An parable about working in the software industry

"So, your resume says that you have experience with Jeep Wranglers. Tell me a little bit about that."

"Sure, so at my last job, we used Jeep Wranglers to transport people and objects across short-to-moderate distances. I was a driver who specialized in jobs that required high-torque four-wheel drive, such as driving across rock beds."

"Wow, that sounds pretty exciting. Can I ask why you're looking for a new position?"

"Well, I started to get the sense that I was stagnating in the development of my Jeep Wrangler skills. There is very little opportunity for sideways movement within the company and I feel like I'm at risk of becoming a career "rock bed specialist", which is not really what I saw for myself. So I'm looking for a position where I can continue to develop my Wrangler experience while maybe stretching out a bit."

"Yes, I think we might be a good fit for you. The position we're interviewing for would involve daily work with Jeep Wranglers. It sounds like what we do with them is a little bit different than what you're used to, but maybe that's a good thing, right? Because our methods are proprietary, I can't go too deep into the nature of our work with Wranglers, but I think it's the sort thing you'd find it interesting. We're a bigger, older, more established company than your current employer, so we can afford to pay you more for the same number of hours per week of work."

"Well, that sounds great! Sign me up!"

[Four weeks and one signing bonus later]

"So here we are in our main Jeep Wrangler storage facility. As you can see, we have over two hundred brand new Wranglers just waiting to go into service. Did I mention we are VERY big and well-established?"

"Yes, they all look beautiful. So where are the keys kept? Which one will be mine?"

"We actually don't use keys. We kind of have a unique system for our Wranglers."

"Really? So then how --"

[A loud beeping causes them both to move out of the way of a large vehicle moving into the garage.]

"Ah, you're about to have a demonstration. The industrial crane which is now passing us has an electromagnet on the end of its cable. As you can see, instead of bothering with keys and seatbelts and other complexities like that, we use our Consolidated Driver System ® (or CDS) to simply pick up the Jeep and deliver it where it's supposed to go."


"Actually, the CDS was put in place five years ago as kind of a stop-gap measure by an employee who'd had his driver's license temporarily suspended. I think the plan was to eventually revert back to a system where the Jeeps were "driven" to their destinations, but then he got tied up on other projects, and then he went on paternity leave, and yada yada yada, this system has been in place for a couple years now and it's been working out pretty well."

"...Would I be able to work on the project to replace the crane with actual driving?"

"Sure! Maybe! At some point!"

"Okay...so how far does the crane need to carry each Jeep?"

"Let's see, our farthest destination is...measuring linearly...about 600 feet away."

"Wait, what?"

"Well we exclusively serve the residents of this industrial park."

"But...couldn't you just walk it over?"

"Walk what over? Oh, we're not a courier service. I keep forgetting your history with Wranglers. No, we don't use them as transport here. We use them as doorstops."


"Ha ha! Sounds silly, right? That's what I thought when I first heard it. But it's actually an extremely valuable and lucrative line of business for us. I'm not sure if you noticed all the heavy industrial roll-up doors throughout the industrial park? Well it's a big problem when they slip their gears and come crashing down on people. So many of them have bought a subscription from us to keep a Jeep Wrangler positioned underneath the door at all times."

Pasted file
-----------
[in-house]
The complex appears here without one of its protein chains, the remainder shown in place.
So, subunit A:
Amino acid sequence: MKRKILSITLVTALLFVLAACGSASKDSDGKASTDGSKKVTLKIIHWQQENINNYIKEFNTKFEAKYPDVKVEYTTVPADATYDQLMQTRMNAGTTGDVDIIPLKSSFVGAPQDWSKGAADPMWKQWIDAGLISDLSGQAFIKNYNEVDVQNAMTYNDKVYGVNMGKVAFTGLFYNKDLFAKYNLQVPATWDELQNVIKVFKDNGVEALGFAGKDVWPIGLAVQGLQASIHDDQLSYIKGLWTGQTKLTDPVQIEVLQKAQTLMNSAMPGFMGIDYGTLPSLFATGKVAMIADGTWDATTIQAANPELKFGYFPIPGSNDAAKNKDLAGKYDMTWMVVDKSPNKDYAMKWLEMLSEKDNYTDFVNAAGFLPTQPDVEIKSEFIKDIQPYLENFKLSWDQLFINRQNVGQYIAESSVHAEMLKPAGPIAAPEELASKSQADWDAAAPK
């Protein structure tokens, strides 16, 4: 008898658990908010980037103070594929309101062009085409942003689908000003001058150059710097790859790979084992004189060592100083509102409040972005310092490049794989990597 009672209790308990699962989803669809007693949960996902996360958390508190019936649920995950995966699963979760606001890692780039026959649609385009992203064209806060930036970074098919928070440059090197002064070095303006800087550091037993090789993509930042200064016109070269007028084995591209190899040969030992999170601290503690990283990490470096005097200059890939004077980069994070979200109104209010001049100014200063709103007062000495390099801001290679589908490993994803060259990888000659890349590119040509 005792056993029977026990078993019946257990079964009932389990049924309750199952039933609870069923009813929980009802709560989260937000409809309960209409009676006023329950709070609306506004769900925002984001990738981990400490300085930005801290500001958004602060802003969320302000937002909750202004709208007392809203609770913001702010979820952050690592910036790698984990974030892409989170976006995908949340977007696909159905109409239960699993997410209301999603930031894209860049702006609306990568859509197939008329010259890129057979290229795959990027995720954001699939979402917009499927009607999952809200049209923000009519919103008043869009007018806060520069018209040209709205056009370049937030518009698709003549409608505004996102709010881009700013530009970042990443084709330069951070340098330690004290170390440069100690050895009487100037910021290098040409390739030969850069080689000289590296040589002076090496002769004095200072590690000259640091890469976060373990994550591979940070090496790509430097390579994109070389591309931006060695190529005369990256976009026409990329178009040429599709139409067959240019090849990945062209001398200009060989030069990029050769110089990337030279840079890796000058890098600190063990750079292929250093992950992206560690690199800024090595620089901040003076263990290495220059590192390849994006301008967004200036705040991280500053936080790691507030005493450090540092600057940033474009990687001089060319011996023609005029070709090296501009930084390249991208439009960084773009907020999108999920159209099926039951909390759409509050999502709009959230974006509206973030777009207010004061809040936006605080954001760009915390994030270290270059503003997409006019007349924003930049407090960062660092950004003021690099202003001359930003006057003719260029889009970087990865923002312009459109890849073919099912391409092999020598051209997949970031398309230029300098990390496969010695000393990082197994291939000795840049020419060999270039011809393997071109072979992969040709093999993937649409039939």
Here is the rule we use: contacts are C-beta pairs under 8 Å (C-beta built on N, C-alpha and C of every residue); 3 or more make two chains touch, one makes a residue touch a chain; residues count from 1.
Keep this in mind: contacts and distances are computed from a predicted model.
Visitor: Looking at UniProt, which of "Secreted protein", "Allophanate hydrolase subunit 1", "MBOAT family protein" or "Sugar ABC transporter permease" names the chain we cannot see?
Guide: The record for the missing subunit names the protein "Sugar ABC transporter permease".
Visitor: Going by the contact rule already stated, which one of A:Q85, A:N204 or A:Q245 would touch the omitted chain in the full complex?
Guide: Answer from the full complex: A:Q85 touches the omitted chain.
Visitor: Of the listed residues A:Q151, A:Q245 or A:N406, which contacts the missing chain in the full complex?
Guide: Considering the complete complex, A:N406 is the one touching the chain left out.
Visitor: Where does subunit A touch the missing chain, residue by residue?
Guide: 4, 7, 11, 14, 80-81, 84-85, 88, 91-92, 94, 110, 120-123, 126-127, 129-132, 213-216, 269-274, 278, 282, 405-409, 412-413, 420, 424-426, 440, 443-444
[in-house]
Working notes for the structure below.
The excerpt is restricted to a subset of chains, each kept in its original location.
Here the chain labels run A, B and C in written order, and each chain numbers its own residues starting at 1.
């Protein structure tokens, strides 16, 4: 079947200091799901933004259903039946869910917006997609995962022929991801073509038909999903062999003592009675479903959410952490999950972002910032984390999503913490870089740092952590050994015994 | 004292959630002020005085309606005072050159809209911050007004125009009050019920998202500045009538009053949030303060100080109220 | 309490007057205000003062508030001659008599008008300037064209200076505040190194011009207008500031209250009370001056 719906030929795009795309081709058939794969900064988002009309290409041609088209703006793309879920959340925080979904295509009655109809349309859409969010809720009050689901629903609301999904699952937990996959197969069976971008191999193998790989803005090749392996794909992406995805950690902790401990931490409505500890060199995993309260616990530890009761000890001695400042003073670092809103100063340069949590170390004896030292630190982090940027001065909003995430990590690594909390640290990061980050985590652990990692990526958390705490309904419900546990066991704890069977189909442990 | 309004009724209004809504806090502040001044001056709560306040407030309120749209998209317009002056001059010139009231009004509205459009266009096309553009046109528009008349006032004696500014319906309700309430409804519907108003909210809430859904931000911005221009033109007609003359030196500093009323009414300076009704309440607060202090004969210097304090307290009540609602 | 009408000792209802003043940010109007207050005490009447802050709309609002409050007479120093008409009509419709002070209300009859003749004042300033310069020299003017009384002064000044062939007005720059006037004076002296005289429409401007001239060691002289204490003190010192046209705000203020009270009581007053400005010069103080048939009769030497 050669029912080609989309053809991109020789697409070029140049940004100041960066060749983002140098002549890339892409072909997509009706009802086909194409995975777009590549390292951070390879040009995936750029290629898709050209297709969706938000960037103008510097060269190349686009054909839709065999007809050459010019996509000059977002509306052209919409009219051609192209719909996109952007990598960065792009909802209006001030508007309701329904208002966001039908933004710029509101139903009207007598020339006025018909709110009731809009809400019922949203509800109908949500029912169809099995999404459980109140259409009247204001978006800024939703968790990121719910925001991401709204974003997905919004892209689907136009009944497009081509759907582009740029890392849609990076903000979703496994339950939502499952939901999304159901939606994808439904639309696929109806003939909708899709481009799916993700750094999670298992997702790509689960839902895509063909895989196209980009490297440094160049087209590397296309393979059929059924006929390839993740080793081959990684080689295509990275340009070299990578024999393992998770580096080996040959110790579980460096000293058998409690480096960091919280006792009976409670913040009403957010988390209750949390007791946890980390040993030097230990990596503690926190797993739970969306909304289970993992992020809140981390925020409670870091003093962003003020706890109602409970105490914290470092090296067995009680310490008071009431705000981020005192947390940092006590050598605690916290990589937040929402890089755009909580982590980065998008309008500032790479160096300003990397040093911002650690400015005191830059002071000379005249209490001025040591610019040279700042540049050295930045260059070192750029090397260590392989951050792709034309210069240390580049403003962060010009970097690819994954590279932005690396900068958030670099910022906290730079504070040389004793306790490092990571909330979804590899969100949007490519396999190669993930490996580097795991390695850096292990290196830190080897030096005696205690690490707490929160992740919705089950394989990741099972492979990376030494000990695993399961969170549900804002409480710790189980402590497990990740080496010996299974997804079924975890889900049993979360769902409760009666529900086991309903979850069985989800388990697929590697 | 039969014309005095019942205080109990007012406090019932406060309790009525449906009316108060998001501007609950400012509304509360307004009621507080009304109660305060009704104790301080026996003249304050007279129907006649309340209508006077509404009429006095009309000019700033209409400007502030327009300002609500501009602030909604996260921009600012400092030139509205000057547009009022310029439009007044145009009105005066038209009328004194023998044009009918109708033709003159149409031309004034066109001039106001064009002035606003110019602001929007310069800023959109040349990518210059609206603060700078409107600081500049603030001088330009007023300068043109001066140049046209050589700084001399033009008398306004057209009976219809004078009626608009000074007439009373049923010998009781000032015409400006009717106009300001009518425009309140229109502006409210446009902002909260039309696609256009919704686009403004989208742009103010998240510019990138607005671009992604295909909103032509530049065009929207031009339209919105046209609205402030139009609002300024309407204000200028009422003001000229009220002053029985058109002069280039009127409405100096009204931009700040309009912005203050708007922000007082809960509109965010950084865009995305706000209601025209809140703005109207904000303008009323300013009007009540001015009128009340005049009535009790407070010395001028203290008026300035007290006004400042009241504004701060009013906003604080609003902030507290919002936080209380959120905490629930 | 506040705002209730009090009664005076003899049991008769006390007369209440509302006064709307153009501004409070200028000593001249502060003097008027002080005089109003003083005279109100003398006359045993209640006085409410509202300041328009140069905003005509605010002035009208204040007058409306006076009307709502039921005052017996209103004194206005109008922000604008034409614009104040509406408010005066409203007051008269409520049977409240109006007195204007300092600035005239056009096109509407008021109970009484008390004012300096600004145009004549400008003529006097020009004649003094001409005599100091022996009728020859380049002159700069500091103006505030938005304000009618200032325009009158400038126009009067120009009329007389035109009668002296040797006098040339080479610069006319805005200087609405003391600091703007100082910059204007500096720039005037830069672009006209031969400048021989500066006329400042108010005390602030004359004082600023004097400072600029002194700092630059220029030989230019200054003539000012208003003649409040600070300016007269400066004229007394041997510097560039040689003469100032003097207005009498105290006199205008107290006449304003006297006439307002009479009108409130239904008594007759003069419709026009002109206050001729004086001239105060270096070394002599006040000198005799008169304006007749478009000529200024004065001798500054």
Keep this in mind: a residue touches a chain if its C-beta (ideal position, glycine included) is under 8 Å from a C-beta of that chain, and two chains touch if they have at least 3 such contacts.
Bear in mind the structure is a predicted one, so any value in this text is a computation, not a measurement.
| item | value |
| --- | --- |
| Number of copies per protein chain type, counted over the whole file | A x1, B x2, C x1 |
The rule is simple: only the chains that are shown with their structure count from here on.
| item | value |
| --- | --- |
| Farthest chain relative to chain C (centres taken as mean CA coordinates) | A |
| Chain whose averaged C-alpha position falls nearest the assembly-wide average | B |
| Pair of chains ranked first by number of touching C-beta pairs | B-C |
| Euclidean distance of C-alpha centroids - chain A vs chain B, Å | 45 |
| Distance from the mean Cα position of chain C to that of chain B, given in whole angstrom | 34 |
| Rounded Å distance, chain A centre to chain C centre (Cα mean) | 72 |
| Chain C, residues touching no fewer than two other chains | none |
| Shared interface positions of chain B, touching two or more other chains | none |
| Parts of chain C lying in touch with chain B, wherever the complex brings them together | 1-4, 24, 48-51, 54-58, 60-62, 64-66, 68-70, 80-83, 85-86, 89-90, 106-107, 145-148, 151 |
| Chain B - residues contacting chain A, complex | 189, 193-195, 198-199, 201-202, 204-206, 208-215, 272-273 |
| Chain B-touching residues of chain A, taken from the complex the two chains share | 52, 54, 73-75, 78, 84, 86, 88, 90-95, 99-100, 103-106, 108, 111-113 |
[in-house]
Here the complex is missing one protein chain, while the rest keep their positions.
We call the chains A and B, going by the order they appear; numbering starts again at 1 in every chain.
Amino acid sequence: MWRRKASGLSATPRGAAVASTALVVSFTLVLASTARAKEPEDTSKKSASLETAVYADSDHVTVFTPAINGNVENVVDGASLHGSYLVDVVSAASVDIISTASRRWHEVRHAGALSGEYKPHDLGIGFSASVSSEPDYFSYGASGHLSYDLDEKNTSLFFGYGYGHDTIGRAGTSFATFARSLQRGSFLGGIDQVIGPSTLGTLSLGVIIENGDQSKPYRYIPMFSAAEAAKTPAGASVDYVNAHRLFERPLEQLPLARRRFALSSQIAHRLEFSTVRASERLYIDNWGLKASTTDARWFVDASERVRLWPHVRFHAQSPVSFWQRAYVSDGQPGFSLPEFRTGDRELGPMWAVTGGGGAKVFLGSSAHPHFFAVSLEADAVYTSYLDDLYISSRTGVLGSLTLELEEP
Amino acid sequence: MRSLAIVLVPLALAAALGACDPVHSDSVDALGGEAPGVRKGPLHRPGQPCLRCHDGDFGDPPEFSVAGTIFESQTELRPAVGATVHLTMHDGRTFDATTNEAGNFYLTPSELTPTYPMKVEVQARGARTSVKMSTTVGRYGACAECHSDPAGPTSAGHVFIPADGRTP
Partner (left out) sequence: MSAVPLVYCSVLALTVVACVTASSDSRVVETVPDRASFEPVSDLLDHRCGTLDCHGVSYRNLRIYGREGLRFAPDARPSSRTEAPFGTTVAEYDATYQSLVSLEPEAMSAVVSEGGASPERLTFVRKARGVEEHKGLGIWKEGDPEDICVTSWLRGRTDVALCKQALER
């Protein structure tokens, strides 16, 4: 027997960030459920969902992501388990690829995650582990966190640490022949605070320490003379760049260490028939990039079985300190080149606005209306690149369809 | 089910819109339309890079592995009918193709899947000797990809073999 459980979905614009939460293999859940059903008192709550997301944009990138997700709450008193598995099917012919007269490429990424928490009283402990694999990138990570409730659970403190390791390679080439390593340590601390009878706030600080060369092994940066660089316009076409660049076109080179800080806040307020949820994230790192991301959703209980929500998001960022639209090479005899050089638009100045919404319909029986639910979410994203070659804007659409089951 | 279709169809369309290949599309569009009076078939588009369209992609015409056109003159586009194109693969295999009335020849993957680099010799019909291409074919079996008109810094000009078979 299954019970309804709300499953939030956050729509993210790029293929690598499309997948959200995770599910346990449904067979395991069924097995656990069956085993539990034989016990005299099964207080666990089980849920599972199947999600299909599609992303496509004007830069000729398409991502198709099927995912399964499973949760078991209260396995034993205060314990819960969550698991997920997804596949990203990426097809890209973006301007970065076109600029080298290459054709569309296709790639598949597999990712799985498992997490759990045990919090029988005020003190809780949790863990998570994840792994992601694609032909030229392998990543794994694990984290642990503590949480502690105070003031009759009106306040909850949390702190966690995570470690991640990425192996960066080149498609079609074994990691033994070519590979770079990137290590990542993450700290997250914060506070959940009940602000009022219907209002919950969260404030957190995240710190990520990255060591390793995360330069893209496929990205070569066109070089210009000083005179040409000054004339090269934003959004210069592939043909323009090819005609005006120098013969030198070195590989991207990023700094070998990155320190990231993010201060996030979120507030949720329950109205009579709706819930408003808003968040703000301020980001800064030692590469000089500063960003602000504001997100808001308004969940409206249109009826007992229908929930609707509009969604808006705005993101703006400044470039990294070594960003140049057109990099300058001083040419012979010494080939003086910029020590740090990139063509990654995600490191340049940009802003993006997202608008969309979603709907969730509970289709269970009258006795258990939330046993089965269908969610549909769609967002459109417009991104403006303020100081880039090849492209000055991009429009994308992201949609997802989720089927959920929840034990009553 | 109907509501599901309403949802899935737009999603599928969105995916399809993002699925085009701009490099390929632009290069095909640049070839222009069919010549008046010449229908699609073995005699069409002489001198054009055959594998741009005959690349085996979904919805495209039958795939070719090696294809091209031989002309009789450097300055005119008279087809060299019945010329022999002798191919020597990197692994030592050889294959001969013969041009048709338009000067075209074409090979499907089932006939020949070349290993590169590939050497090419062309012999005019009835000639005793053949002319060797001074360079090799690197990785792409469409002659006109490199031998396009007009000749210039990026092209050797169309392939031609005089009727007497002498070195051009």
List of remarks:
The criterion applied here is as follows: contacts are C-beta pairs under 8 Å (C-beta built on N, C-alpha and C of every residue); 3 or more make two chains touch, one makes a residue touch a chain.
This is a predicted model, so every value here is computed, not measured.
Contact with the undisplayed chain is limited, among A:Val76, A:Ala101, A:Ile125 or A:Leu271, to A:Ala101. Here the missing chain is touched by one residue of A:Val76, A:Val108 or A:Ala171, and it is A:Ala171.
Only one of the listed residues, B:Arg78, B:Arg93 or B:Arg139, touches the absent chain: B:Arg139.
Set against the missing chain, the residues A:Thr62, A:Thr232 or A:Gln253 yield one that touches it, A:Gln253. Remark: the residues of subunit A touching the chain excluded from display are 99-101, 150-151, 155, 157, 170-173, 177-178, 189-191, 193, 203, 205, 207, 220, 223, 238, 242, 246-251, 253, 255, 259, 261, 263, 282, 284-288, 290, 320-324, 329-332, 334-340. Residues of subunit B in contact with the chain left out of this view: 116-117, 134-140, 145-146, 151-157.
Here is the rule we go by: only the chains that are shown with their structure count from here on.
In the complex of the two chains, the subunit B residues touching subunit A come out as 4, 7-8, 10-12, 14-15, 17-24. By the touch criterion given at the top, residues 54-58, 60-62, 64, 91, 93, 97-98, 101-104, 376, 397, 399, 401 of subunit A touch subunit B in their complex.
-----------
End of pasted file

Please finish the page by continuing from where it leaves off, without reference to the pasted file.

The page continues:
"...Couldn't they just use, like, a rock or something?"

"A 'rock'?...I suppose. It'd have to be a pretty big one, and they'd have to find someone willing to crane it into place every day. No, I don't think our customers want to be in the rock-crane business. Besides, with the economies of scale that we control, it's practically cheaper all around to just rent a Wrangler from us."

"That's completely bananas. I mean, very unexpected and interesting. So why...I don't know how to say this. This job was for a Jeep Wrangler specialist, right?"

"Oh, absolutely! Your knowledge about their materials and weight ratios will be invaluable in determining the best methods of lifting them up with cranes and then setting them down again. Plus, I'm sure you're plugged into the quote-unquote Wrangler community out there, which will help you, and us, stay up-to-date about possible changes to roll bar diameters or axle gauges in the new models. We love to be on the cutting edge!"

[From out in the parking lot, a crane carrying a Wrangler back from a "job site" grinds its massive diesel-powered gears.]

"Uh huh."

"Oh look, here's a unit that's just saved someone's life! Do you see how the mangled chassis of the Wrangler is just pouring out oil and transmission fluid as it hangs from the crane's magnet? It must have had to stop a mighty big door in order to get like that."

"Oh sweet Jesus I'm going to be sick…"

"I know, right! It's amazing to think how this must look from your perspective. I mean, who knew that this was even a business model! Isn't capitalism weird! Look! Your new colleagues are now stripping what used to be a magnificent driving machine down to its component parts for salvage using wrought iron hand tools!"


"Ha ha! I'm laughing self-deprecatingly! In total ignorance of the existential horror that you are experiencing!"

On this day in 1993, at 15:42 local, members of the U.S. Army 75th Ranger Regiment, 1st Delta, Air Force Pararescue, and the 160th SOAR began their attempted arrest of Omar Salad Elmi in the city of Mogadishu.